Saving Freud The rescuers who brought him to freedom
Book - 2022
Part incisive new biography of Freud, part group biography of the extraordinary friends who saved his life, this riveting story shows how a group of those closest to Freud persuaded him to escape to London following the German annexation of Austria.
New York :
Simon & Schuster
- First Simon & Schuster hardcover edition
- Physical Description
- 336 pages, 8 unnumbered pages of plates : illustrations ; 24 cm
- Includes bibliographical references (pages 315-320) and index.
- Main Author
- "To die in freedom"
- "Laboratory of the apocalypse"
- "A Celt from Wales!"
- "A long polar night"
- "A man of the world" - "No prudishness whatsoever"
- "Violent pain" - "Political blindness"
- "The Austrian cell"
- "Operation Freud"
- "This England"
Sigmund Freud's vibrant life in Vienna and narrow escape from the Gestapo are recounted in this entertaining history. Journalist Nagorski (1941) reveals that Freud, who was 81 years old and struggling with cancer when Nazi Germany annexed Austria in March 1938, was in deep denial of the danger he faced as a Jew and as the founder of psychoanalysis, which the Nazis deemed "Jewish pseudoscience." Nagorski chronicles Freud's modest upbringing, enrollment in the University of Vienna in 1873, swift rise to academic fame, marriage to Martha Bernays, and the intense and often toxic friendships he forged with his devotees. Though Freud's relationships with Carl Jung and Albert Einstein are discussed, the focus is on those credited with getting him out of Europe, including Welsh psychoanalyst Ernest Jones; William Bullitt, the U.S. ambassador to France and a patient of Freud's; and European socialite Marie Bonaparte. Nagorski draws vivid profiles of these and other acquaintances, shares intriguing tidbits about Freud's eccentricities, and dramatically recounts how Freud, his wife, and his daughter escaped to London. The result is an invigorating look at a lesser-known chapter of Freud's well-documented life. Agent: Robert Gottlieb, Trident Media Group.(May) Copyright 2022 Publishers Weekly.
Part incisive new biography of Freud, part group biography of the extraordinary friends who saved his life, this riveting story shows how a group of those closest to Freud persuaded him to escape to London following the German annexation of Austria. 50,000 first printing. Illustrations.Review by Publisher Summary 2
Part incisive new biography of Freud, part group biography of the extraordinary friends who saved his life, this riveting story shows how a group of those closest to Freud persuaded him to escape to London following the German annexation of Austria.Review by Publisher Summary 3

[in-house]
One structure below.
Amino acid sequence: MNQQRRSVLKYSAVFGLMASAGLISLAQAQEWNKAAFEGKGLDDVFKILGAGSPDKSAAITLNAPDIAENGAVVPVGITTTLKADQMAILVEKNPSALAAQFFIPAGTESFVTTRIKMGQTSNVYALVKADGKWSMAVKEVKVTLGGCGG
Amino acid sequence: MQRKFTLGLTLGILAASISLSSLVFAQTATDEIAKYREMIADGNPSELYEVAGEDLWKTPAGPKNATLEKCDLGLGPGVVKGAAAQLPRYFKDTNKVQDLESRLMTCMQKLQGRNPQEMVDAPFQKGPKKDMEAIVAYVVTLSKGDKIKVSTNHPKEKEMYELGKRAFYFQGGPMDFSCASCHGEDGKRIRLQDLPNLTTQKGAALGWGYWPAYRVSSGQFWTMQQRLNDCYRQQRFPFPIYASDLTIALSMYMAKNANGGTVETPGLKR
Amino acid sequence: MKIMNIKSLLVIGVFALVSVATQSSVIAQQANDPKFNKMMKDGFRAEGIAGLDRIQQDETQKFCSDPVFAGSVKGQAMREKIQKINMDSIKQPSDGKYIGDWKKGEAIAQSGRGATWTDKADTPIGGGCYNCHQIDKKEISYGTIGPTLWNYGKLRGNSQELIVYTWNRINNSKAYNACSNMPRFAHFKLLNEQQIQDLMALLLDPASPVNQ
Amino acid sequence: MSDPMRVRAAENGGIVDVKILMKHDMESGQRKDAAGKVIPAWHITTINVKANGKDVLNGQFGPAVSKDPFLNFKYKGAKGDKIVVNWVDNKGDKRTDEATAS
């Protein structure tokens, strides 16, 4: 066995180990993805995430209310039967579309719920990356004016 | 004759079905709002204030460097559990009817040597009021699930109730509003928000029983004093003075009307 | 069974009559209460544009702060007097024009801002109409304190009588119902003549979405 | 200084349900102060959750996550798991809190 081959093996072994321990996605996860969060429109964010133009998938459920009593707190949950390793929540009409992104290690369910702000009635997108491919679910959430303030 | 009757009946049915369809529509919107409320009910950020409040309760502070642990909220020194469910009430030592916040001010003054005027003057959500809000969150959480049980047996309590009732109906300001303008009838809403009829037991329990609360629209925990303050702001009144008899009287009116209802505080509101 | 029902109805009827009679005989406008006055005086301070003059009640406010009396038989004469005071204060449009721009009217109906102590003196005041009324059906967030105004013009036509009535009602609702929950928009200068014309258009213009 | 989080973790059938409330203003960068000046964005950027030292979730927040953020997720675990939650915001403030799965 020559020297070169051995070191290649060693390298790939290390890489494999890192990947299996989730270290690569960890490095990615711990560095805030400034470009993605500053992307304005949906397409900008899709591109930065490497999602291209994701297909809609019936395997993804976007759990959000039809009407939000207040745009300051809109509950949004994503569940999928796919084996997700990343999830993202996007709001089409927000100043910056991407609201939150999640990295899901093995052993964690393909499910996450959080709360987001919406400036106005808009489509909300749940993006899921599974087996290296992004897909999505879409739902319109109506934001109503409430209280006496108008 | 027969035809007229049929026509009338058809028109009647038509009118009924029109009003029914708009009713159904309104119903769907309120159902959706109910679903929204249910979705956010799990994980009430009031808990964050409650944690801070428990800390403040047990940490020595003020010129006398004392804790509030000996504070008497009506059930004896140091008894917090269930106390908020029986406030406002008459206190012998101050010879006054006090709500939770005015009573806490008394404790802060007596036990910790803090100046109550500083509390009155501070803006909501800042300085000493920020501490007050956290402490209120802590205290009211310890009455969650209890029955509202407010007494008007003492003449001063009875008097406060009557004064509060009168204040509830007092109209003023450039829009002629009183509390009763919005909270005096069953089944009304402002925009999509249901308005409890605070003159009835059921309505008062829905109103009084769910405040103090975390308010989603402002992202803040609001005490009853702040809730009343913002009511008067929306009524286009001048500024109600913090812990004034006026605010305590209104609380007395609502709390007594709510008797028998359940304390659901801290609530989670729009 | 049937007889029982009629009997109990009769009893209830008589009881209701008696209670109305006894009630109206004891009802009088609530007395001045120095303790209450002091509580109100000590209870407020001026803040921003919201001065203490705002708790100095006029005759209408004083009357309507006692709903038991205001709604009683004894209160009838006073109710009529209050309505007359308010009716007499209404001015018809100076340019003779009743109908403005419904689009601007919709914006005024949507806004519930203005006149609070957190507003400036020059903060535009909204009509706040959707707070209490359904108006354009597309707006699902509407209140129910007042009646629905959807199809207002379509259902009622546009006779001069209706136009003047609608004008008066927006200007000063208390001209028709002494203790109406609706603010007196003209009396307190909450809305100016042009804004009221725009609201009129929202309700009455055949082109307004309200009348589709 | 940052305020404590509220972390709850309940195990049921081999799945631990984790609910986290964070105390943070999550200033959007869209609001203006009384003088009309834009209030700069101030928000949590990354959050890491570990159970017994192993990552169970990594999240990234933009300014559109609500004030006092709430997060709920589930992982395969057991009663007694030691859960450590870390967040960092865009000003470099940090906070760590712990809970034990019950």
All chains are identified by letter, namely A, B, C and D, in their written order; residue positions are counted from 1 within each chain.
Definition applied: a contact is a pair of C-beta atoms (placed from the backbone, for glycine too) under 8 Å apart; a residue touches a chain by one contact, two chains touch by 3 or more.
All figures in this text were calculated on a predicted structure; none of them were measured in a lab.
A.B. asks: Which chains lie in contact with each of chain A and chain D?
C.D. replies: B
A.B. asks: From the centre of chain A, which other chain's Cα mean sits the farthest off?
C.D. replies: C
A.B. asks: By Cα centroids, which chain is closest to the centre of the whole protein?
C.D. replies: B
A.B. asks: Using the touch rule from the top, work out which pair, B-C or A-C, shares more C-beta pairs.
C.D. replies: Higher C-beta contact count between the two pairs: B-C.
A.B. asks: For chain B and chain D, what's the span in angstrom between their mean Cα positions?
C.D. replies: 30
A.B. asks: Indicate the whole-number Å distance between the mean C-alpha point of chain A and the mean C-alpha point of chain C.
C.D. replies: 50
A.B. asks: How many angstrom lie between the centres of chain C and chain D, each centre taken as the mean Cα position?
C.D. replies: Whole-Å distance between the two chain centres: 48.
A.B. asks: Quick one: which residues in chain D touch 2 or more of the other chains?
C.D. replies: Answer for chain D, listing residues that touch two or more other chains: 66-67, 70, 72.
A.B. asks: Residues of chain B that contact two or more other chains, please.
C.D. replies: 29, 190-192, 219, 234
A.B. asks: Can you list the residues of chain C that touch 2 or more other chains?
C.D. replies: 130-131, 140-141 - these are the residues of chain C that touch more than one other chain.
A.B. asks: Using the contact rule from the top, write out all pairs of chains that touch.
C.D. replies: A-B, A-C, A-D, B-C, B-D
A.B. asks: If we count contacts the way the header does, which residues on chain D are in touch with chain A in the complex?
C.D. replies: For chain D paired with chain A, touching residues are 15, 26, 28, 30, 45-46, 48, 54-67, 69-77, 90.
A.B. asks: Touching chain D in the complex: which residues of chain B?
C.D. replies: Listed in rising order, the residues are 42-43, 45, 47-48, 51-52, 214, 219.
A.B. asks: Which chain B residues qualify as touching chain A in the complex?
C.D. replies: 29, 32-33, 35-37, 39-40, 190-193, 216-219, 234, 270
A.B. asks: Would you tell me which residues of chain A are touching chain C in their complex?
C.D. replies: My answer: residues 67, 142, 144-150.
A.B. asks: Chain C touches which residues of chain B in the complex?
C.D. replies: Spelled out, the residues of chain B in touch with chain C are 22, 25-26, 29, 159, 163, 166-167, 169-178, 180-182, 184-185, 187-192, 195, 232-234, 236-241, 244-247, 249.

A dramatic true story about Sigmund Freud’s last-minute escape to London following the German annexation of Austria and the group of friends who made it possible.In March 1938, German soldiers crossed the border into Austria and Hitler absorbed the country into the Third Reich. Anticipating these events, many Jews had fled Austria, but the most famous Austrian Jew remained in Vienna, where he had lived since early childhood. Sigmund Freud was eighty-one years old, ill with cancer, and still unconvinced that his life was in danger.But several prominent people close to Freud thought otherwise, and they began a coordinated effort to persuade Freud to leave his beloved Vienna and emigrate to England. The group included a Welsh physician, Napoleon’s great-grandniece, an American ambassador, Freud’s devoted youngest daughter Anna, and his personal doctor.Saving Freud is the story of how this remarkable collection of people finally succeeded in coaxing Freud, a man who seemingly knew the human mind better than anyone else, to emerge from his deep state of denial about the looming catastrophe, allowing them to extricate him and his family from Austria so that they could settle in London. There Freud would live out the remaining sixteen months of his life in freedom.This book is both an incisive new biography of Freud and a group biography of the extraordinary friends who saved Freud’s life.